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Say No to Taxing Services: Protecting Maryland’s Businesses and Families

Mar 6, 2024

Maryland business organizations oppose sales tax expansion

Annapolis, Md. — The Maryland Chamber of Commerce, along with a coalition of businesses, local and regional chambers and associations from across the state, strongly opposes House Bill 1515. This legislation, titled “Sales and Use Tax – Rate Reduction and Services,” is a misguided attempt to fund critical priorities through a massive $2.9 billion tax increase on Maryland residents and businesses.

While HB 1515 proposes lowering the state sales tax rate from 6% to 5%, it would simultaneously expand the sales tax to a wide variety of everyday services that have never been taxed before, including, but not limited to:

  • Accounting and financial planning services
  • Legal and appraisal services
  • Real estate services
  • Shipping and delivery services
  • Transportation, towing and parking services
  • Auto mechanic services
  • Grocery delivery, gym memberships, personal training services
  • Home repair and improvement services
  • Home cleaning and mold remediation services
  • Landscaping and tree removal services
  • Dry cleaning and laundry services
  • Nail salon, barber shop and beauty salon services
  • Veterinary and pet grooming services
  • Advertising, public relations, printing and media streaming services
  • Funeral services

This draconian tax expansion is being considered as a way to cover funding gaps created by numerous unfunded policy mandates and costly legislation passed in recent years. However, placing such an enormous burden on Marylanders and small businesses is not the answer.

While the policies driving these funding needs may be well-intended, the proposed solution of a $2.9 billion tax increase through HB 1515 fails to fully consider the severe economic impacts it would have on Marylanders, businesses, and our state's competitiveness.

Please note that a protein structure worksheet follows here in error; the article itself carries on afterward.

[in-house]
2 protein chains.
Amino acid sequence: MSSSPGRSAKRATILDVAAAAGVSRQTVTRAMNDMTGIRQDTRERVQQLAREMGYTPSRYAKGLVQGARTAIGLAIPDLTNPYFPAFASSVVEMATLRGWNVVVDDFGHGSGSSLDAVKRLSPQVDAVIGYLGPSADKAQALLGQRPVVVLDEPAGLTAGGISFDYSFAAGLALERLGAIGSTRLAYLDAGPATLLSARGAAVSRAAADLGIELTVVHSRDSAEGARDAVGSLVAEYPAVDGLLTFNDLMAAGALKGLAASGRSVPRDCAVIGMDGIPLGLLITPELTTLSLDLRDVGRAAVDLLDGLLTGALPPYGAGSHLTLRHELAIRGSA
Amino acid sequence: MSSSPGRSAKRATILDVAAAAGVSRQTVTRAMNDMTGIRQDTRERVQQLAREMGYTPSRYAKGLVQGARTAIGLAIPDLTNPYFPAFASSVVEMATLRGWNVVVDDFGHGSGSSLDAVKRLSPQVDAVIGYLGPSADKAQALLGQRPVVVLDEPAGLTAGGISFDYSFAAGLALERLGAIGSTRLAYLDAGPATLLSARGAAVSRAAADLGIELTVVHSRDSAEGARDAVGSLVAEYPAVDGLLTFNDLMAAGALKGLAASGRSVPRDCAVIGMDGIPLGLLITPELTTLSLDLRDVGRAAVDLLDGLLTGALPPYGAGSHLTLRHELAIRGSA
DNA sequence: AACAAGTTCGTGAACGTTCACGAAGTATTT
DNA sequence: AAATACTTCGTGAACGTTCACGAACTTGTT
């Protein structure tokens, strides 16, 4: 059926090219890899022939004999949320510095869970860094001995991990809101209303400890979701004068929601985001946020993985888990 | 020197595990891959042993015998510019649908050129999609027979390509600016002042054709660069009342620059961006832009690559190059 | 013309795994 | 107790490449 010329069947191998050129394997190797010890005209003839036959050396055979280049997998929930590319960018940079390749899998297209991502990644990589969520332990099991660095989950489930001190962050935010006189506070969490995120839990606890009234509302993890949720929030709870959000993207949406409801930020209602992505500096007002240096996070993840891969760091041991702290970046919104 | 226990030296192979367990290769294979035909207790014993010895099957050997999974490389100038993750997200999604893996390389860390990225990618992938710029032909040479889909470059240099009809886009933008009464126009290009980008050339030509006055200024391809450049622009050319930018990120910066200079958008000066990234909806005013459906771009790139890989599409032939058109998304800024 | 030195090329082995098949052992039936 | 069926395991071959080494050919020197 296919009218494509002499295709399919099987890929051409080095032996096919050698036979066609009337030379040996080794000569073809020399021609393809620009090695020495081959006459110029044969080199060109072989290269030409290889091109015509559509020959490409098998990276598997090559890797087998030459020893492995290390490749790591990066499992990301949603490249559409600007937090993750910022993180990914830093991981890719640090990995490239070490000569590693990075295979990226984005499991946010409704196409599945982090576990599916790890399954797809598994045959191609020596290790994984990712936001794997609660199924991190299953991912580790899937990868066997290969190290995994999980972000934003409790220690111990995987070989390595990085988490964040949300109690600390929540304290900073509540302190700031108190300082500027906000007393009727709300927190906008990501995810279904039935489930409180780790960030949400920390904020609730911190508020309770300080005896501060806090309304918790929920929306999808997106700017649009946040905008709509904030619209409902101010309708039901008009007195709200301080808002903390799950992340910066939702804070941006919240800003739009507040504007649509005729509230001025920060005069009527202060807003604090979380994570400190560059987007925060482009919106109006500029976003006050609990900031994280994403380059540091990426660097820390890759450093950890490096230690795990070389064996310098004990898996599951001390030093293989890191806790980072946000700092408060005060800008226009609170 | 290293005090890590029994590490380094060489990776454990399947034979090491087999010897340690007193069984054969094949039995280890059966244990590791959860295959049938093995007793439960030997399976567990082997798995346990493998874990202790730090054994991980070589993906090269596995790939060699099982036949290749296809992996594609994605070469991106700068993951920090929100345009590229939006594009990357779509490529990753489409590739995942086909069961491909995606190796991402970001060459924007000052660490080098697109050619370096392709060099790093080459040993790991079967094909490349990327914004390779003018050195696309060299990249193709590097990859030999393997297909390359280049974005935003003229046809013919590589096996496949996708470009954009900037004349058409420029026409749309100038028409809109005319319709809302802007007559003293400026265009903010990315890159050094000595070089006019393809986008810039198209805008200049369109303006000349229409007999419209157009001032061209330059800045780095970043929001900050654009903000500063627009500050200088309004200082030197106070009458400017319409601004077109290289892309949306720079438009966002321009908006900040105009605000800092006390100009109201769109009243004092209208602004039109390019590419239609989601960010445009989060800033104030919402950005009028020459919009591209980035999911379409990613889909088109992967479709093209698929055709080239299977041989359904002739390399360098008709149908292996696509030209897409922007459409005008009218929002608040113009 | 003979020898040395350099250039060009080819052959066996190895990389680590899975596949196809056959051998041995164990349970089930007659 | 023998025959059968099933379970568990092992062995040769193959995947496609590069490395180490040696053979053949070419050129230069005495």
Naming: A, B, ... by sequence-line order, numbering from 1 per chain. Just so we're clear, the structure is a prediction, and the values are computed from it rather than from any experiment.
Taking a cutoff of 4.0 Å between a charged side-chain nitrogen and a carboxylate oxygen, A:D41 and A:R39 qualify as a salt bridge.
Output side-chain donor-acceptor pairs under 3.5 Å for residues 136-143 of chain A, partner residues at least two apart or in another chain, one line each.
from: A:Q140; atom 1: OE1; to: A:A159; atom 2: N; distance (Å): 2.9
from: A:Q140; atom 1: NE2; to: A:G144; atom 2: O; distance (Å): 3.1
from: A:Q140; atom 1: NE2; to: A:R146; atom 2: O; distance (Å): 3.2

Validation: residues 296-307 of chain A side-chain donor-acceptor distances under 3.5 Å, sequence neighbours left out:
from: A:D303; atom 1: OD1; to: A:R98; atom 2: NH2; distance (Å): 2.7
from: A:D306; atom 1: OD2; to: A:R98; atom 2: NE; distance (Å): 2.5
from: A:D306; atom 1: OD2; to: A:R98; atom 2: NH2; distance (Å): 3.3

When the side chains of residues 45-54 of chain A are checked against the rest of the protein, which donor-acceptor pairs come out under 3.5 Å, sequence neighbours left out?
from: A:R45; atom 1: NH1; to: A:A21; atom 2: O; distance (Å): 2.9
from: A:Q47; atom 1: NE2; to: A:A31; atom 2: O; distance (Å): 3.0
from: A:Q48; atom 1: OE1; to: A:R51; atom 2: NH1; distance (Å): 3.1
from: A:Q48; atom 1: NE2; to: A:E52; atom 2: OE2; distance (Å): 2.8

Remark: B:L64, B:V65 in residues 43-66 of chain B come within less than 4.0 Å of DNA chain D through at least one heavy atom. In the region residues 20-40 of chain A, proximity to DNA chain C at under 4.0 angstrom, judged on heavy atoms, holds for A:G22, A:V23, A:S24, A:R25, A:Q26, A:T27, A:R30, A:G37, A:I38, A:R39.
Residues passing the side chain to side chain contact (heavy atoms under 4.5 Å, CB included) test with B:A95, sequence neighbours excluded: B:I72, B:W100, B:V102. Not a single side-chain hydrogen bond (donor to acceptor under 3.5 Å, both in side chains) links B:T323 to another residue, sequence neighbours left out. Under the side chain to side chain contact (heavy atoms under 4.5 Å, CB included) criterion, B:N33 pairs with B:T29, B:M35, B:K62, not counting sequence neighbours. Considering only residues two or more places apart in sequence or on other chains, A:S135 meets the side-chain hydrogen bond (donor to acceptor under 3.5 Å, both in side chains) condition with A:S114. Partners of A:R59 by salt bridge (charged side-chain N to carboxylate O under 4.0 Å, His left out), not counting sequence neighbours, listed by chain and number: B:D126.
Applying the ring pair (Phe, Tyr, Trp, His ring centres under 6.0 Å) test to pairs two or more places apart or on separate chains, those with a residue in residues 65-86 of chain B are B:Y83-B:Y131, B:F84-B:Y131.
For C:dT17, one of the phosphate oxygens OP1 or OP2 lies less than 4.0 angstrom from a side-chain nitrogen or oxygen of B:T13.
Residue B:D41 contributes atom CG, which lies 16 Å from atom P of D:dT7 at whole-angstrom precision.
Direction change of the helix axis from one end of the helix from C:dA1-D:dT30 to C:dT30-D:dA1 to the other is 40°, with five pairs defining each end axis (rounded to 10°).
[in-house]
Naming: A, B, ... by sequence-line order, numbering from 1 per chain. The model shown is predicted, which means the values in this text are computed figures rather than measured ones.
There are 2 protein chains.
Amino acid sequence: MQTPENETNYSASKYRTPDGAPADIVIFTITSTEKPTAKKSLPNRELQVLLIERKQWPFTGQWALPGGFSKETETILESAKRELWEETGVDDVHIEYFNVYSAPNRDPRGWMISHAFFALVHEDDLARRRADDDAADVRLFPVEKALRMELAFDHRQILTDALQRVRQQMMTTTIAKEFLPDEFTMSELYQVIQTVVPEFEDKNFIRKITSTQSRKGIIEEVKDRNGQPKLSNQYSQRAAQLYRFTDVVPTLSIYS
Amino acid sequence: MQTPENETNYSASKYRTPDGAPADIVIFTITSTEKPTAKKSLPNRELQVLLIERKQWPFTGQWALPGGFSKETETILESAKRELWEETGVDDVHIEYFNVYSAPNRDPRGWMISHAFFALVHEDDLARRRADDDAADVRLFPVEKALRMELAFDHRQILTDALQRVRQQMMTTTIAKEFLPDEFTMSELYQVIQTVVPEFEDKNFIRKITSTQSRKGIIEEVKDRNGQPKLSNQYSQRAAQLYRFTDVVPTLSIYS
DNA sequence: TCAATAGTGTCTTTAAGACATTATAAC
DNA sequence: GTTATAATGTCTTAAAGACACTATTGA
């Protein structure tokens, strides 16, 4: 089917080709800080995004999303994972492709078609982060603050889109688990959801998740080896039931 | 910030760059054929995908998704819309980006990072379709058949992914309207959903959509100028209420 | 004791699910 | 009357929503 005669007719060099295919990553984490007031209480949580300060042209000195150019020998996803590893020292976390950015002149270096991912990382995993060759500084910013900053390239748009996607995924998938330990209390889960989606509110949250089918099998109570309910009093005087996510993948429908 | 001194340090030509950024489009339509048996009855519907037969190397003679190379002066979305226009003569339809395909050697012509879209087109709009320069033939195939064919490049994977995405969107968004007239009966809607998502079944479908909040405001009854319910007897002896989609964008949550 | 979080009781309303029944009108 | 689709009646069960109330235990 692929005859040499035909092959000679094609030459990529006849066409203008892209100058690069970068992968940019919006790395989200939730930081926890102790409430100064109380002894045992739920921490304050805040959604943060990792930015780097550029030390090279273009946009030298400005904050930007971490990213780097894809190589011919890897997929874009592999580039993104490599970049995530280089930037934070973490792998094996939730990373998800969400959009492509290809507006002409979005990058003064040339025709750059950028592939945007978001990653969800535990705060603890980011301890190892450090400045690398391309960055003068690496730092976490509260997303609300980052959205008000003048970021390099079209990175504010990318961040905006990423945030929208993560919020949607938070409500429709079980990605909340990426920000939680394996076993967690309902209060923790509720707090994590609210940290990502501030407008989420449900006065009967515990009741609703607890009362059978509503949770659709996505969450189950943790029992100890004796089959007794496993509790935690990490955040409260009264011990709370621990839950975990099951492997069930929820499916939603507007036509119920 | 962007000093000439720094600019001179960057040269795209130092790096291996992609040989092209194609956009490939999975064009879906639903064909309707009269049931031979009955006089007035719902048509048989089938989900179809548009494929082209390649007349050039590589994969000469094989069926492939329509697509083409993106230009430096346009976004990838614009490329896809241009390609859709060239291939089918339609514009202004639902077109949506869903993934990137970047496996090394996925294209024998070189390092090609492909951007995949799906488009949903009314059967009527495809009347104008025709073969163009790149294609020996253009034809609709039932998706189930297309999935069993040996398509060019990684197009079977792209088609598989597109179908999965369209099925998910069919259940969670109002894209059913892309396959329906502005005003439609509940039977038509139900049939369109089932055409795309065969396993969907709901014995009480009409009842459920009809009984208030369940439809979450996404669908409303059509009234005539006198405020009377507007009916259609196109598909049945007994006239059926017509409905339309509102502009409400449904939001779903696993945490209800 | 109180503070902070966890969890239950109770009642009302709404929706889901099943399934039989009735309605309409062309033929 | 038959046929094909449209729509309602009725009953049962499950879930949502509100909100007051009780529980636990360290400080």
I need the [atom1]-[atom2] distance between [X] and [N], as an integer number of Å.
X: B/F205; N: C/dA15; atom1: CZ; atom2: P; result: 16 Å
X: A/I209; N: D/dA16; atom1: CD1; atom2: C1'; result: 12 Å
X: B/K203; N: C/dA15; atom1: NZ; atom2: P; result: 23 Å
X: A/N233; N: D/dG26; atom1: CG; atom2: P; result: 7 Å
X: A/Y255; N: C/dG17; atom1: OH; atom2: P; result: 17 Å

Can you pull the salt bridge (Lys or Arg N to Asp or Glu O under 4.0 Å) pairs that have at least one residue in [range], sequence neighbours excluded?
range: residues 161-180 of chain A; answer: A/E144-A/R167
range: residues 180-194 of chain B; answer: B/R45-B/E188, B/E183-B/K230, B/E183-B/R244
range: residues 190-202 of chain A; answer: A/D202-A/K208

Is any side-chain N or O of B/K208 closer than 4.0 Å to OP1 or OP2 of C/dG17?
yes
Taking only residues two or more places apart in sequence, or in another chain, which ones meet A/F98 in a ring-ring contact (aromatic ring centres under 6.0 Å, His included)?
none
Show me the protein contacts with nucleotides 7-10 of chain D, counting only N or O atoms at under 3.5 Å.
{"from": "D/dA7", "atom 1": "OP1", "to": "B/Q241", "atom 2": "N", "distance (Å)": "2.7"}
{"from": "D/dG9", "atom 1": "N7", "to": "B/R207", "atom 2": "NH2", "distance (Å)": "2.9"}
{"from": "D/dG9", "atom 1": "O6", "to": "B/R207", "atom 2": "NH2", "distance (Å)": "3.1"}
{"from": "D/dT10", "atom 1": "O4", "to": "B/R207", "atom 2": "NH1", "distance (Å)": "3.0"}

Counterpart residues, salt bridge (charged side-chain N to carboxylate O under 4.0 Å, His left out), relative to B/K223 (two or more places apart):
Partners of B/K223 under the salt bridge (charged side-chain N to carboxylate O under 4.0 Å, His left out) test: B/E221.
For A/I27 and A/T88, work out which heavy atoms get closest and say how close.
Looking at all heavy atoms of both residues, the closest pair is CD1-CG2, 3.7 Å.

“Taxing everyday services that Maryland residents and small businesses rely upon would have a devastating impact on Marylanders, the small business community and our state’s economy,” said Mary D. Kane, President & CEO of the Maryland Chamber of Commerce. "While intended to raise education funding, HB 1515's $2.9 billion tax hike will come directly out of the pockets of hardworking residents and small business owners. This massive cost increase will discourage businesses from expanding or relocating here and make Maryland far less attractive for people to live and work, severely undermining our competitiveness.”

“The General Assembly floated this exact same idea in 2020,” said Mike O’Halloran, state director for NFIB in Maryland. “The realities for small businesses now are the same as they were back then. They are operating in a decidedly unfriendly environment when it comes to the cost of doing business. Maryland ranks 45th for its business tax climate. Adding HB 1515 on top is untenable. The cumulative effect of recent policy decisions by the legislature cannot be understated — mandated sick leave, minimum wage hike, paid leave insurance and all the reporting requirements these and other recent laws have created. Maryland small businesses are looking for opportunities to grow, not be consumed with unfunded mandates, new taxes and red tape.”